They are many factors influencing the different historical interpretations of Albert Speer. The most influential was Speer's own character construction of himself in his defence at the Nuremberg trials. This view was held by a majority of historians until Matthias Schmidt found holes in Speer's story. A large blow was dealt to Speer's own construction of his role in Nazi Germany when the Walters' chronicles were released containing various incriminating evidence. There are still a number of historians who prefer to view Albert Speer as the Good Nazi, even though most historians now believe that the image created by Speer of himself was self-serving and false.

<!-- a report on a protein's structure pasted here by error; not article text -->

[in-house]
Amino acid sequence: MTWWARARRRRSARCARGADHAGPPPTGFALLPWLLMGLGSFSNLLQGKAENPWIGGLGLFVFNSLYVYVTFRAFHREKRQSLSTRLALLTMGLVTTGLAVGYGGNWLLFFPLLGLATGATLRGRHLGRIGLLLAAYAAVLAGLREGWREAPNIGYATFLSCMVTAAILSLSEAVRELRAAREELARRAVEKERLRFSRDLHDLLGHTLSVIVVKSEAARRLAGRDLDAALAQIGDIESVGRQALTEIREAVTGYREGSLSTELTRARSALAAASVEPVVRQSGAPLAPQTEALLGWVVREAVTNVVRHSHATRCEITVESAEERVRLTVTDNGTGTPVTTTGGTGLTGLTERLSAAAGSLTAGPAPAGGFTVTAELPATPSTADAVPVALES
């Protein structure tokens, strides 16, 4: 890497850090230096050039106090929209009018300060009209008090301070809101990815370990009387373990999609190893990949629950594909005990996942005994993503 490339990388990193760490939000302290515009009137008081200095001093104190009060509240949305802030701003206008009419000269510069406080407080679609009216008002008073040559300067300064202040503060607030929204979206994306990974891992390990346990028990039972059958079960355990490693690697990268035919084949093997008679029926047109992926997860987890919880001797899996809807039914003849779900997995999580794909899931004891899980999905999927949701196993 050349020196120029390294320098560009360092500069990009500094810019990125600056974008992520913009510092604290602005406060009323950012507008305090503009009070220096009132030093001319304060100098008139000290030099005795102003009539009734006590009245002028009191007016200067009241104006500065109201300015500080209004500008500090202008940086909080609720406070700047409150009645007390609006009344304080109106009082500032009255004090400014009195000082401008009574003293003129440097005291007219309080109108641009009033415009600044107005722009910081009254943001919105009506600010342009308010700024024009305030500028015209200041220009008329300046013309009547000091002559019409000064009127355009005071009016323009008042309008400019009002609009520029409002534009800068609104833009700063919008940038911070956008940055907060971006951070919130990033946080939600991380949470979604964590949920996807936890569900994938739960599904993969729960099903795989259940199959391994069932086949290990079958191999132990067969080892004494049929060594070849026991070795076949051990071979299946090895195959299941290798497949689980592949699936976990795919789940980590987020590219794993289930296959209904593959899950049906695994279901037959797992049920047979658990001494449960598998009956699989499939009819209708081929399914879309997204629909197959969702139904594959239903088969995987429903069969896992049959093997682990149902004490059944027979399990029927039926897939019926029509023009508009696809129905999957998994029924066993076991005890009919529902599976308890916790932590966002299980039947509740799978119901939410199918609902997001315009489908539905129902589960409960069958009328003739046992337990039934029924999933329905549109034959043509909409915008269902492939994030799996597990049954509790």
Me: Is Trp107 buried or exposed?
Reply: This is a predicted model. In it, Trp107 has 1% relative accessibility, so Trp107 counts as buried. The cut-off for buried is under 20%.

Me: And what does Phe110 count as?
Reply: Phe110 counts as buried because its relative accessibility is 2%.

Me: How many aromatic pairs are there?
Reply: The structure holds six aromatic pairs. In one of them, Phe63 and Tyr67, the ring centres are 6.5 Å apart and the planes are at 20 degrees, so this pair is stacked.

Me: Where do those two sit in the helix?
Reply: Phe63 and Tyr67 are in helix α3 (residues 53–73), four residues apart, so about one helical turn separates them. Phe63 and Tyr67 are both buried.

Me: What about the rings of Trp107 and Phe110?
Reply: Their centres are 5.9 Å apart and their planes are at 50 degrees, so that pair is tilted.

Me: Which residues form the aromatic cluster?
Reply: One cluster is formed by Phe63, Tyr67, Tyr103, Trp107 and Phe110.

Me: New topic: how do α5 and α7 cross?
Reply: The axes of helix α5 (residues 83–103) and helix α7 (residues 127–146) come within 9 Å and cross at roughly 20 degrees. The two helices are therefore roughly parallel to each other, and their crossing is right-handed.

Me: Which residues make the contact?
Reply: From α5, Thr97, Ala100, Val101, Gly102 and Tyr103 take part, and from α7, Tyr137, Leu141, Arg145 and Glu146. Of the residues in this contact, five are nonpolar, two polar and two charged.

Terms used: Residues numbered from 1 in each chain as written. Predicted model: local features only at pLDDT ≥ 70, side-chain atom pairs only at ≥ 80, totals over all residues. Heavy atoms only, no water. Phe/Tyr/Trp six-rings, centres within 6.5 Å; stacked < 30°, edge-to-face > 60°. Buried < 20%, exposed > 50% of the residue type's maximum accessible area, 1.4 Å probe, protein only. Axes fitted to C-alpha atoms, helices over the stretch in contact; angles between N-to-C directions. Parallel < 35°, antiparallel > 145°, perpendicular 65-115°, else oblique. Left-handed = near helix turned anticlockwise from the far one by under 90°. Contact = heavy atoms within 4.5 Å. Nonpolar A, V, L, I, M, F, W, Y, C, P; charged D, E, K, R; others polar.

Speer's well structured and thought out defence shaped historical interpretation for years to come. At Nuremberg he presented himself as a pure technician and not involved in the politics or ideology of the party. He also claimed collective responsibility for crimes against Jews but also his ignorance of the Nazi intentions. As he stated at a later time: "I just stood aside and said to myself that as long as I did not personally participate it had nothing to do with me. My toleration for the anti Semitic campaign made me responsible for it." This admission of guilt won a fair amount of sympathy from the court. The reasons he gave for being with the Nazi party was that he was taken by Hitler's personality and also realised that if he was to achieve his dream as an architect he will have to sell his soul to the party. This image of Speer was to be accepted for a while by most historians and was given little attention. This was probably because Speer was a little less spectacular' than Hitler's other henchmen. There were however some suspicions. John Galbraith, a member of the US team that debriefed Speer before the Nuremberg trial, said in Life magazine 1945 that Speer's claims contained "elements of fantasy". He also believed that Speer's confession was a part of his "well developed strategy of...
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